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Green Party LogoGreen Party FAQ: What the media should know about the race for the Green presidential nomination, Green ballot lines, and the 2012 Green National Convention


For Immediate Release:
Wednesday, May 30, 2012

Scott McLarty, Media Coordinator, 202-904-7614,
Starlene Rankin, Media Coordinator, 916-995-3805,

2012 Green Presidential Nominating Convention, July 12-15 in Baltimore, Md.
Media Credentialing page

Green Party Livestream Channel, featuring videos of Green presidential candidates addressing the Iowa Green Party on May 26

WASHINGTON, DC -- The Green Party has compiled a list of the most frequently asked questions from journalists about the Green presidential candidates, 2012 Green National Convention, and the party itself. Greens invite journalists to use this FAQ guide as a resource for information throughout this election year and to contact us for more information.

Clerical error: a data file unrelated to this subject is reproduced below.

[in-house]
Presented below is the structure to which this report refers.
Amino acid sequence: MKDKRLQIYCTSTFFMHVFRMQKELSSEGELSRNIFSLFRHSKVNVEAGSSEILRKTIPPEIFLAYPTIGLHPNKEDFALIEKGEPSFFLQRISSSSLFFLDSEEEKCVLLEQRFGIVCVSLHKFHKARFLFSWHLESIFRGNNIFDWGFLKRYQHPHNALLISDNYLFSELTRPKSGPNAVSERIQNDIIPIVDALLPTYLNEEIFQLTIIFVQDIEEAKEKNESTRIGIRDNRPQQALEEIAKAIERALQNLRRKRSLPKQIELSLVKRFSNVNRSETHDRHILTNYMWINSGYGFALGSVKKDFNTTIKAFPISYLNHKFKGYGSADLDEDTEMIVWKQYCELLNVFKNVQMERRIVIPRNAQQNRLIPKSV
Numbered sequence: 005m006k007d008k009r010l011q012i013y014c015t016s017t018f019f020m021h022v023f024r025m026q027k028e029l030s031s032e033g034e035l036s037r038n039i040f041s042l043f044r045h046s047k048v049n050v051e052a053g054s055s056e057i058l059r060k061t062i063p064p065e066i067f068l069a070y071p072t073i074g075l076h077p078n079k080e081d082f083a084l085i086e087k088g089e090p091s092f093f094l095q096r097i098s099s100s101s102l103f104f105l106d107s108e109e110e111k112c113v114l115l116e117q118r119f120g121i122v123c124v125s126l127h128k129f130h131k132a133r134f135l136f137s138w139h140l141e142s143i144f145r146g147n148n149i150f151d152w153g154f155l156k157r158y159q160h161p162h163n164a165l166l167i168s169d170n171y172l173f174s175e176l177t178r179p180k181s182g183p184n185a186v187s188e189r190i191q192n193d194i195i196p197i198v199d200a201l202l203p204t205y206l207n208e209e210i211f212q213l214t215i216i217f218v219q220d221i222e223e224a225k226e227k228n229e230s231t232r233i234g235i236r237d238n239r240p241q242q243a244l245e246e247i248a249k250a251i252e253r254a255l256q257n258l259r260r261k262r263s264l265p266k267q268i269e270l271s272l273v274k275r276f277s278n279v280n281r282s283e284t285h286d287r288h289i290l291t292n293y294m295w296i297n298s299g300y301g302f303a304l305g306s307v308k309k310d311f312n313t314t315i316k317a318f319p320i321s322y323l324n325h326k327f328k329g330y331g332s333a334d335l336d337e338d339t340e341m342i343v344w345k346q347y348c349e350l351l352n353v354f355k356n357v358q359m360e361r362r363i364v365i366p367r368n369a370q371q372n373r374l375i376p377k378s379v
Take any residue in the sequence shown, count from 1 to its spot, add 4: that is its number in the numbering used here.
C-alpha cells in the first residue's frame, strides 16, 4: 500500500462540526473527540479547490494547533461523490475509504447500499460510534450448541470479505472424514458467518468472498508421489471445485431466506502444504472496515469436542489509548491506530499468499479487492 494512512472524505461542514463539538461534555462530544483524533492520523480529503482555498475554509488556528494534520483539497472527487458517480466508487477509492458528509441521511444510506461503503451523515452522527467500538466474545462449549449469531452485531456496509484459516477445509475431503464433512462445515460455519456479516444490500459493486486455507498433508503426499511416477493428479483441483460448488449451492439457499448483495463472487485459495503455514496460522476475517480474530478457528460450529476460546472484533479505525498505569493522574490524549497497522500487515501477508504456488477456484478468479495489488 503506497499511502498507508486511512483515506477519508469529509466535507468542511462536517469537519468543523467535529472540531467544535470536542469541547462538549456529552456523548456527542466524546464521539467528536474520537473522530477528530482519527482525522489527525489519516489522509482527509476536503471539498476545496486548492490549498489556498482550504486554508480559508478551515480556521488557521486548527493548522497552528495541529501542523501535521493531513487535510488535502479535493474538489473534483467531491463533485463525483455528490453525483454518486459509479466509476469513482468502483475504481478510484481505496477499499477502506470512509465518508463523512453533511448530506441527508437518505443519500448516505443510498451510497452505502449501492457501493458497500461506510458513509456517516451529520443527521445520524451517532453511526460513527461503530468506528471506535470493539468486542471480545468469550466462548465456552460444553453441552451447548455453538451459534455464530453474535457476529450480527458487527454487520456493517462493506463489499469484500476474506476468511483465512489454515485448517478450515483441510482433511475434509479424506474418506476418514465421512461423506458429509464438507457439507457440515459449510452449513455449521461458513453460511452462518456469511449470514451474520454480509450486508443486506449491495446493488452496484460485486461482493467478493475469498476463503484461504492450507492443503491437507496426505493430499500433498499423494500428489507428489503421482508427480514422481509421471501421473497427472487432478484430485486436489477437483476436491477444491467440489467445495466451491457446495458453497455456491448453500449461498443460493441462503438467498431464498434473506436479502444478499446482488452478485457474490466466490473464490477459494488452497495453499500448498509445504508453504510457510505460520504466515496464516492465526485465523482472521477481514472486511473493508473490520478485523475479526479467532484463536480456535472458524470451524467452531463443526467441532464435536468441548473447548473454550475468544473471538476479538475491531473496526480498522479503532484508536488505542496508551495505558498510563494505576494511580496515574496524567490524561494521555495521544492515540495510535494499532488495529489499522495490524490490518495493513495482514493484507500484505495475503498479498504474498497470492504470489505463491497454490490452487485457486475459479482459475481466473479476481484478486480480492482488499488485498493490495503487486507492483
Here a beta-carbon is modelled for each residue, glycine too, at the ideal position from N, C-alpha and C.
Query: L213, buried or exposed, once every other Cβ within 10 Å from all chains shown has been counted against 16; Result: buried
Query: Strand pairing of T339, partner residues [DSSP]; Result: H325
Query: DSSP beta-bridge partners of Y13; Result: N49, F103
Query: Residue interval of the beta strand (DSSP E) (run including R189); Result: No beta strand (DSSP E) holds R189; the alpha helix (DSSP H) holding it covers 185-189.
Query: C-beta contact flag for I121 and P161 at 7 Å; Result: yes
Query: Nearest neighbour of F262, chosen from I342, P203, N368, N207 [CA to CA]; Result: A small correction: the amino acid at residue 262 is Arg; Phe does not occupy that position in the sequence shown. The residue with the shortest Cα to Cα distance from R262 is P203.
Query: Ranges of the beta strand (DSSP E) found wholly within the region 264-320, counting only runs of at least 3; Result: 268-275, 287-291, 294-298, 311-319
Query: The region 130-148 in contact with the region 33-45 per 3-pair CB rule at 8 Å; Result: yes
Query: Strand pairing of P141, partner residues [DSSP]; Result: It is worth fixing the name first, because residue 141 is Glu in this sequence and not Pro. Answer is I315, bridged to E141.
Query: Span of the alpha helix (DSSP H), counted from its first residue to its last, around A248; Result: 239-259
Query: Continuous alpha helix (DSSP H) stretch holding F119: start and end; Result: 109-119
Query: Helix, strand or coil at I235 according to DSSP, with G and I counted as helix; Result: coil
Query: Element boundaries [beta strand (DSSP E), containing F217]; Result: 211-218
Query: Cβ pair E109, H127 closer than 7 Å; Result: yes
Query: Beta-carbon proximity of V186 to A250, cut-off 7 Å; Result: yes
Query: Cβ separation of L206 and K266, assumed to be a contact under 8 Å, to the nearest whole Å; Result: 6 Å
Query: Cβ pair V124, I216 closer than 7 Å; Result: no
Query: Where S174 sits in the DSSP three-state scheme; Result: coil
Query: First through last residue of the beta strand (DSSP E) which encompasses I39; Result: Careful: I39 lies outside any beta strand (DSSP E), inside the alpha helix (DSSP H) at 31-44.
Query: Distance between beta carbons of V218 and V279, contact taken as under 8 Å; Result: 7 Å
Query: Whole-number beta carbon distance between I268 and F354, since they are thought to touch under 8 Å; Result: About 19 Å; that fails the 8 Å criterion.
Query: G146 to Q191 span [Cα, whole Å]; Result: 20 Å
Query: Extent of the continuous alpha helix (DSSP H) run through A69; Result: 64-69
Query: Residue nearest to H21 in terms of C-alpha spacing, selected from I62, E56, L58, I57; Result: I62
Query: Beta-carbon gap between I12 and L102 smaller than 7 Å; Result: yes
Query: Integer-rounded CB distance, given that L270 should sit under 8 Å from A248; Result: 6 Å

Who are the candidates competing for the Green Party's presidential nomination?

Roseanne Barr
Kent Mesplay
Jill Stein

Jill Stein is the frontrunner, having won 138 of the 184 delegates assigned so far. Roseanne Barr, in second place, has been endorsed by the Green Party Black Caucus and the Green Party of Philadelphia.

Greens have welcomed Kent Mesplay, now recognized by the Green Party as a presidential candidate, to the race.

See also:
Green presidential campaign news
Candidates' bios
Results of state Green Party primaries, conventions, and caucuses

How will the Green nominee be chosen?

State Green Parties have been participating in primary elections and hold statewide conventions and caucuses to apportion delegates for the nomination, which will take place on Saturday, July 14 at the Green Party's 2012 National Convention in Baltimore, Md. ( The convention runs from July 12 to July 15 will be held on the campus of the University of Baltimore.

During the one or more rounds of voting by delegates, the first presidential candidate to gain more than half of the votes will win the nomination.